It gives me great pleasure to publish this message, marking the achievements of the New World Steel Orchestra (NWSO) in Chapeltown Leeds in 2012.
Among those achievements were the massive contribution they made to the celebration of the 45th anniversary of the Leeds West Indian Carnival and the memorial for the late Dr Geraldine Connor, musicologist and choreographer for NWSO, who for many years inspired the growth of the Carnival and the development of the steel orchestra. In her last publication before her untimely death, Pan! The Steelband Movement in Britain, Geraldine Connor (2011) wrote:
The steelband is not only the greatest acoustic musical invention of the 20th Century, it is also an exceptional reflection of the resourcefulness, inventiveness and sheer survivalist mentality that we as a Caribbean people possess. Within Caribbean communities abroad, the intersection between history, identity and cultural expression significantly informs our interpretation of our heritage. Arthur France MBE and New World Symphony Orchestra are a living embodiment of this phenomenon’.
Each year, December seems to come along more speedily than ever, calling on us to reflect upon successes and defeats and renew our hope for success in meeting the challenges that lie ahead.
In 2011, we had a summer marred by civil unrest and mayhem on our streets which said as much about Britain and the state we are in, as the Olympics did one year later. In summer 2011, we had leaders of state describing our young people in the most pejorative and racist of terms. This year, we saw the country owning its black and global majority Olympians (who were responsible for one-third of all of the medals won by the host nation) with pride.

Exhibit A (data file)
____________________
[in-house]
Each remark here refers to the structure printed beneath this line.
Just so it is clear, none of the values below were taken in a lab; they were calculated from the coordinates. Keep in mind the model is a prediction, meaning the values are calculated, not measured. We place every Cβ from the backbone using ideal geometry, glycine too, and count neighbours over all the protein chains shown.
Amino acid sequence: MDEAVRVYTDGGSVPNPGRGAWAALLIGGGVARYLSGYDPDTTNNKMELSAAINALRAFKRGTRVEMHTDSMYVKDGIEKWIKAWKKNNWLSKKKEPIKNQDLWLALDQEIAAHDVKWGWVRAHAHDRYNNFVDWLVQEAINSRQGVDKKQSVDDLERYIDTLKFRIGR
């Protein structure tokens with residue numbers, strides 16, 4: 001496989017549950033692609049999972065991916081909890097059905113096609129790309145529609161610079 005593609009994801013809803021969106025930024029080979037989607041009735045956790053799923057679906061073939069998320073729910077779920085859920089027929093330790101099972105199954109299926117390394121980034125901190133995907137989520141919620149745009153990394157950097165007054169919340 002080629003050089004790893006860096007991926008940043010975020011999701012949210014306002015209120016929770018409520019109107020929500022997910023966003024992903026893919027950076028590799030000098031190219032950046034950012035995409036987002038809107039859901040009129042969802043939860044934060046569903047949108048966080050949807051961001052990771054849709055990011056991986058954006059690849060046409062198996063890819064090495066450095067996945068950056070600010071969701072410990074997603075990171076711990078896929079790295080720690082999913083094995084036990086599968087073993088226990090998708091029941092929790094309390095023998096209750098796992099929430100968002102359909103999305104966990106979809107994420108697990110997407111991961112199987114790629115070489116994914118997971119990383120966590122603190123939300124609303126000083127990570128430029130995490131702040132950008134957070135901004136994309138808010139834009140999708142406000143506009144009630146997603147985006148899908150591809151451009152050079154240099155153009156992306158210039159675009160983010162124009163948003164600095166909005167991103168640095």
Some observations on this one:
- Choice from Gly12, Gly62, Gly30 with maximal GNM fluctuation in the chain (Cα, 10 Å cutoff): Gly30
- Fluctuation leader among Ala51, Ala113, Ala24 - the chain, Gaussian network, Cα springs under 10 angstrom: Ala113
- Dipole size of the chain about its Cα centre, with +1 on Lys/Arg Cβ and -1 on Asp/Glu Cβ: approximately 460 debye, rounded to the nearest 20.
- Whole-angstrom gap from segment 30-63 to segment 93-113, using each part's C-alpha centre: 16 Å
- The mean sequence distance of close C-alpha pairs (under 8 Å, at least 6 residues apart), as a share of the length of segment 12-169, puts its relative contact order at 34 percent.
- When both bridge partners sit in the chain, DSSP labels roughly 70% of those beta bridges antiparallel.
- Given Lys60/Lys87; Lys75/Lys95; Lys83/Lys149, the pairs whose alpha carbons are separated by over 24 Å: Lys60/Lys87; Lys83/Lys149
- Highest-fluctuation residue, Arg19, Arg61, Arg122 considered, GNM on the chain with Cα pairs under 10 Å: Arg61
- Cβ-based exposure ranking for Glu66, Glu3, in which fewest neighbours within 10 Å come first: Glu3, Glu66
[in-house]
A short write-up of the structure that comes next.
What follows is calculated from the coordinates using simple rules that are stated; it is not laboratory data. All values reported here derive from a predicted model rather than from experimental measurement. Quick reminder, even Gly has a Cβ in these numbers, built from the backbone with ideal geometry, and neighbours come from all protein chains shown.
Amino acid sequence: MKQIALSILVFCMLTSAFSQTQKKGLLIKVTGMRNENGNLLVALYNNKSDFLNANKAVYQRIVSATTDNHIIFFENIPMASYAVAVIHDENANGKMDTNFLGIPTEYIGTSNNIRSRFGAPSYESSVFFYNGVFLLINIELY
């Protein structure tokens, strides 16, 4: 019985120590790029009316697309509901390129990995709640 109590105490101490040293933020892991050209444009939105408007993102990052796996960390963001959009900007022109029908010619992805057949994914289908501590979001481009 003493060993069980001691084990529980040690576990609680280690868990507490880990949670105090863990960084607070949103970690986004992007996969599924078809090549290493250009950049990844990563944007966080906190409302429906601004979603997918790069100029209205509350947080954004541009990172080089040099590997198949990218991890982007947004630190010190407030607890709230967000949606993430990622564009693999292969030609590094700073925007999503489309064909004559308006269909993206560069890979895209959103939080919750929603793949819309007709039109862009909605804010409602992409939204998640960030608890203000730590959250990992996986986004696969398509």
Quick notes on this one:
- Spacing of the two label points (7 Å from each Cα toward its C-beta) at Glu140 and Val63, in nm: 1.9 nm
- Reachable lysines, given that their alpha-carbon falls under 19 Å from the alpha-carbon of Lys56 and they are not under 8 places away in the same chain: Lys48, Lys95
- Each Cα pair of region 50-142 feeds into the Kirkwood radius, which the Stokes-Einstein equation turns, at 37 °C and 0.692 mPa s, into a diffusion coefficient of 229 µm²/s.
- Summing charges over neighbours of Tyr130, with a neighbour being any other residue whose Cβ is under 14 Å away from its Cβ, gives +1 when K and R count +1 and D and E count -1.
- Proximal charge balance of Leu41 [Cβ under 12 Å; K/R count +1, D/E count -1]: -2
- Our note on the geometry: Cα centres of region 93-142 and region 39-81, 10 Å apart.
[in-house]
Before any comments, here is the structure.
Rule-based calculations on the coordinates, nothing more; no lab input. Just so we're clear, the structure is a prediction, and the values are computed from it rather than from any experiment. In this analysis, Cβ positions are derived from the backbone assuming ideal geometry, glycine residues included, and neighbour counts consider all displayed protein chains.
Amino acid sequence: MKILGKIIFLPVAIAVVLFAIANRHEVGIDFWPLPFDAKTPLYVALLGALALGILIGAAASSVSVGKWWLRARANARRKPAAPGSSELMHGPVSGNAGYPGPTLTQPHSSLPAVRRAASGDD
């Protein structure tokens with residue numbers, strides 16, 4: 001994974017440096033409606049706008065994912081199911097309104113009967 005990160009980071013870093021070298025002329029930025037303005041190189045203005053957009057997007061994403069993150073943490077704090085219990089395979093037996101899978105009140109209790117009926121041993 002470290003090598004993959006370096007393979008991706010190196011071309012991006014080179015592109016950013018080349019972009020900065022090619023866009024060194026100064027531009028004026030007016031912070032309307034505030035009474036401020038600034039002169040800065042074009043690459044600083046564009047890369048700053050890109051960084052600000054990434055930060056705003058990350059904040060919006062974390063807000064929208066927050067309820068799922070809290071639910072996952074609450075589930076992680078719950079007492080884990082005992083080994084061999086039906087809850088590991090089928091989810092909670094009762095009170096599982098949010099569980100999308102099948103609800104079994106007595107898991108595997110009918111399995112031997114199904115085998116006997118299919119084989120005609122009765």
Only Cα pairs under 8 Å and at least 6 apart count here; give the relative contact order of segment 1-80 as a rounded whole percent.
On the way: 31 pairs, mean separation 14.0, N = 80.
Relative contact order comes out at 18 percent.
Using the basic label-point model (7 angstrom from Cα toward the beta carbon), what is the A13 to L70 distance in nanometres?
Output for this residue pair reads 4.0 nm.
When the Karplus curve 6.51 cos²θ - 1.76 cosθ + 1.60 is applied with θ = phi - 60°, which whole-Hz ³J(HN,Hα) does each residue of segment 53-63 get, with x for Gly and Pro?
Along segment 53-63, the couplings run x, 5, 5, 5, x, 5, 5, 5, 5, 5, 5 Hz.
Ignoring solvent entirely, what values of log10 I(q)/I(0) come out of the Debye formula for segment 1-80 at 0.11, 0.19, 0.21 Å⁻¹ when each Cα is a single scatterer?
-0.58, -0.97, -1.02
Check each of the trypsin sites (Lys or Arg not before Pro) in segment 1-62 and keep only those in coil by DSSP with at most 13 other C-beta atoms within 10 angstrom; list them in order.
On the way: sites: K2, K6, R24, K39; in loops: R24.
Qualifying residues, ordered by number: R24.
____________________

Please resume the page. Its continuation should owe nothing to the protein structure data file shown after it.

The lesson from all this is that we remain One People in One Nation, and we own those struggling against the racist institutions of the state and against poverty and dispossession, no less than we own those who shroud themselves in the British flag and win medals for the country of their birth or adoption.
New World Steel Orchestra represents confidence in our identity as black and white young people, united in a common purpose to build a future in this society that bears the hallmark of racial equality and social justice; a society that does not require any of us to turn our back upon our roots or submerge our cultural traditions in order to be accepted and acceptable. We are carriers of our culture and we extend that culture and adapt it even as we shape a common future for all in tomorrow’s Britain.
Let us go forward and continue to raise the profile of Pan! as a musical genre with a proud provenance in Britain.
Watch the orchestra perform in Leeds (2008):